U.S. Customs Exams Explained

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What to Expect

U.S. Customs exams can happen to the best of us.  And it is what one might say luck of the draw if you’re importing into the United States.  It can cause major delays and become very expensive, very quickly. Now, there are ways to change that luck, but for the most part, it is somewhat out of the importer’s control as to whether or not a shipment is flagged for exam or manifest hold.

Why the Exams?

Remember, the U.S. Customs and Border Protection applies these cargo examinations to keep our country secure. In addition to its own regulations, CBP enforces over 400 laws on behalf of over 40 other U.S. Government agencies, such as USDA, FDA, Fish & Wildlife just to name a few. A large number of these import restrictions and requirements are designed to protect the American people from dangerous and illegal goods. CBP has undertaken a number of initiatives, such as the use of non-intrusive inspection technology, to increase its ability to examine cargo effectively without slowing the flow of trade, which plays a significant part in the U.S. economy.

One must also consider that a U.S. Customs broker does not have any say when it comes to these exams. With that being said, the physical location of the exam can be very beneficial.  For example, exams that take place at busy port terminals or airports will probably take a lot longer to occur than exams that take place in smaller ones. Also, having your freight transferred to an in-bond warehouse or facility is beneficial so one can avoid storage fees and increase the chances that the exam will be completed quicker.

“Our Customs bonded facility allows our clients to transfer their precious cargo from the airline or rail to our warehouse. U.S. Customs agents can then come to our facility and inspect the freight right here in house. There are many benefits to this including speeding up the process and release of goods,” says Alyson Schroer, Licensed Customs Broker for Scarbrough International, Ltd.

How many exams per year?

Nobody knows the exact methodology used to determine who gets selected and who doesn’t, and only 3-5% of the cargo coming into the U.S. gets picked for examination.  Exams can occur on random or if something looks fishy to a CBP officer.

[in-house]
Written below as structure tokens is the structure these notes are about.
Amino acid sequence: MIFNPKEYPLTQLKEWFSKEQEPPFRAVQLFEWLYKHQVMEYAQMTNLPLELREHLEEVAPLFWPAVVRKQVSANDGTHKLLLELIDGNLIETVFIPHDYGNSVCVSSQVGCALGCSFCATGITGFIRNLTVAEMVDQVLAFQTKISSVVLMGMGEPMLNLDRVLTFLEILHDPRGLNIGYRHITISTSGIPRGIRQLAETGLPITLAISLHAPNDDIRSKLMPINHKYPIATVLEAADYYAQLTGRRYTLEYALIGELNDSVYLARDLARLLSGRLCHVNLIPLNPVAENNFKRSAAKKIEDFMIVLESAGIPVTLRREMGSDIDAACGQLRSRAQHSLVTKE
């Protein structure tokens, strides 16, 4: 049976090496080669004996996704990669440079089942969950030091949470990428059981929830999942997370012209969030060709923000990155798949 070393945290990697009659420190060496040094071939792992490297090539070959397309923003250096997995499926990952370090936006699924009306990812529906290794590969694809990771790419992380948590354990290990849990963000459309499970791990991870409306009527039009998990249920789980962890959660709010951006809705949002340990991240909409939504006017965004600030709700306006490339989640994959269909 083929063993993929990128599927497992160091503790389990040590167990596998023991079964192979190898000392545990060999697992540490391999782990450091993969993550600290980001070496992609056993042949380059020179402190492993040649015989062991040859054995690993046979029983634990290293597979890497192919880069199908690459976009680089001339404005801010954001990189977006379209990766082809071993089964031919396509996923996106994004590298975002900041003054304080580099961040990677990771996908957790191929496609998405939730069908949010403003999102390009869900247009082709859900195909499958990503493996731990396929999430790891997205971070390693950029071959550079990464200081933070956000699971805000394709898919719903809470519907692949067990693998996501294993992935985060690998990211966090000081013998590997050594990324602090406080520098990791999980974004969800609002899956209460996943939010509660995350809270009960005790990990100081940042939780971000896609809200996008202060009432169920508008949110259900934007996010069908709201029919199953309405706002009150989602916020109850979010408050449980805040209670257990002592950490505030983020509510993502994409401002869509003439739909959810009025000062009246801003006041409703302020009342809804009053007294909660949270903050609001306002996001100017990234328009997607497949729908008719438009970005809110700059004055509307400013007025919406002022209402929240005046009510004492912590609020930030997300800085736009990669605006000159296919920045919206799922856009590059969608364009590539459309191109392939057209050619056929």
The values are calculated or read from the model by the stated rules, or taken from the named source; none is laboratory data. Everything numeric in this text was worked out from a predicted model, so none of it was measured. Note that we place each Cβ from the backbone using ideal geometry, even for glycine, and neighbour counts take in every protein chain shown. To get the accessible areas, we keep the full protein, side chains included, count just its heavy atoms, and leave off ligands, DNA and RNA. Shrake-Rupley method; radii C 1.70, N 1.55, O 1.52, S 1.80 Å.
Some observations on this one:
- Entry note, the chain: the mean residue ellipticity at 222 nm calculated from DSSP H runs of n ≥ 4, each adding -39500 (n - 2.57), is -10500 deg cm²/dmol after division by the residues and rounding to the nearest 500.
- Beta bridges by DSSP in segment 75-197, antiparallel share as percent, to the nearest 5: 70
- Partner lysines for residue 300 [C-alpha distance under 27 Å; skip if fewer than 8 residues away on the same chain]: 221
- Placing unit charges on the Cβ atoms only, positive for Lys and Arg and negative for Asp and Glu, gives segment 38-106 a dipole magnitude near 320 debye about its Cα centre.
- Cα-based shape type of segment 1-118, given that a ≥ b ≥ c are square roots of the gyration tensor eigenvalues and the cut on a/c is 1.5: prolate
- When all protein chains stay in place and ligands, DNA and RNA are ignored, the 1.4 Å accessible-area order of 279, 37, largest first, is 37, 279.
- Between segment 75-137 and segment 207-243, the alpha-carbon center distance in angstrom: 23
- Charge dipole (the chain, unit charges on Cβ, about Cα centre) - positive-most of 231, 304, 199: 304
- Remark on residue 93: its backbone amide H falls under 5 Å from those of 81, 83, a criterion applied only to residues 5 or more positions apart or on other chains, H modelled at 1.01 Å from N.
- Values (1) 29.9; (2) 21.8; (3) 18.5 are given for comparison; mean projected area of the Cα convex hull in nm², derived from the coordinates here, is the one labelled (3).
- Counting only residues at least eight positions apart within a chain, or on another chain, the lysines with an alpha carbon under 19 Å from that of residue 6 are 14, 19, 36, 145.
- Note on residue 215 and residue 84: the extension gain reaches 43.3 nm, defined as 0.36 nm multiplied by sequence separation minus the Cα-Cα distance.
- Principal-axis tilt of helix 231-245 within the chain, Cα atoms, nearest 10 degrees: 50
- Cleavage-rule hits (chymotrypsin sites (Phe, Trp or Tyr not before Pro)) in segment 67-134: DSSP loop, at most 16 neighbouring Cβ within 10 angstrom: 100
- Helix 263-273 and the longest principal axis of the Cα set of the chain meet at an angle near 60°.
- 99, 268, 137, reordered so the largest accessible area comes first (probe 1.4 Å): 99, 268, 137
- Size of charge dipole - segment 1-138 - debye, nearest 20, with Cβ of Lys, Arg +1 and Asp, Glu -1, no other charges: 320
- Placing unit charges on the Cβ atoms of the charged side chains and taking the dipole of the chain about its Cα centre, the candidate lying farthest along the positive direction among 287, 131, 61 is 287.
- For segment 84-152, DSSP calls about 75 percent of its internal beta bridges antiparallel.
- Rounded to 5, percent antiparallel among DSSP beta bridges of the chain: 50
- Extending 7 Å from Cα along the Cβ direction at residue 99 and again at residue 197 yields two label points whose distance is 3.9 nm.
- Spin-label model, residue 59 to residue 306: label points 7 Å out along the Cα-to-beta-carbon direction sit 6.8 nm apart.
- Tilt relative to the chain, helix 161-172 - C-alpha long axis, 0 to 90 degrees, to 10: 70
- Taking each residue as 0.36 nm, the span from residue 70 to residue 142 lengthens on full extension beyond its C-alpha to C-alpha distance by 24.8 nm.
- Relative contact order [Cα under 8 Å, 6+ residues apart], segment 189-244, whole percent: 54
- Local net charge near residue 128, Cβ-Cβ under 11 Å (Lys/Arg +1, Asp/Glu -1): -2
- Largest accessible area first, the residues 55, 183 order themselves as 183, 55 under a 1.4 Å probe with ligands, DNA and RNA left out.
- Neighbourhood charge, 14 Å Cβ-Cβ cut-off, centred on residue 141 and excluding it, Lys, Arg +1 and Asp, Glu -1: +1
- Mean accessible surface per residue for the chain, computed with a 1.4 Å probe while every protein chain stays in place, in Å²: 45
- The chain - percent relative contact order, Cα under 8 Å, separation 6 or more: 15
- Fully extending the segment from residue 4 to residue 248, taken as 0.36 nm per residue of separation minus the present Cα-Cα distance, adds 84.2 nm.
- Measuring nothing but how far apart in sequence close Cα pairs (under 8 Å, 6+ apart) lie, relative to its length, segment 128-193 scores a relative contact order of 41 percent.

Types of US Customs holds:

The following CBP holds can occur at time of clearing. Your U.S. Customs broker will typically be notified of the hold and in some cases even take care of a hold without the importer even knowing. If there are any discrepancies, then the U.S. Customs broker will involve the importer. It is the ultimate responsibility of the importer of record to relay pertinent information, details of product and decide on the HTS Classification they want filed with CBP.


Most Common Types of Holds or Physical Cargo Examinations:

  1. Manifest Hold / MET Hold

    Goods are manifested with CBP prior to entering the U.S. In this case, CBP may want to verify the manifested information and will request for documentation.  The U.S. Customs broker will work with the importer and CBP to ensure CBP receives all the information they require. In this type of hold, a CBP officer may want to physically examine a shipment based on suspicious activity in the AMS or ISF entry. These are the data elements that are required to be submitted prior to sailing.  Typically products that will flag concern are those that fit the description of something disruptive to our security such as heavy dense cargo or for example, a car part  manufacturing company that suddenly imports shoes. Things that raise any type of concern can warrant an examination.

  2. CET Hold

    A Contraband Enforcement Team (CET) Hold requires more information on consumer product safety standards, copyright or trademark, or ensuring correct HTSUS classification and valuation of commodities. This also encompasses drugs, alcohol, narcotics, weapons; anything that can put a threat on U.S. security.  Also, it requires a physical inspection of cargo.

  3. VACIS Exam/NII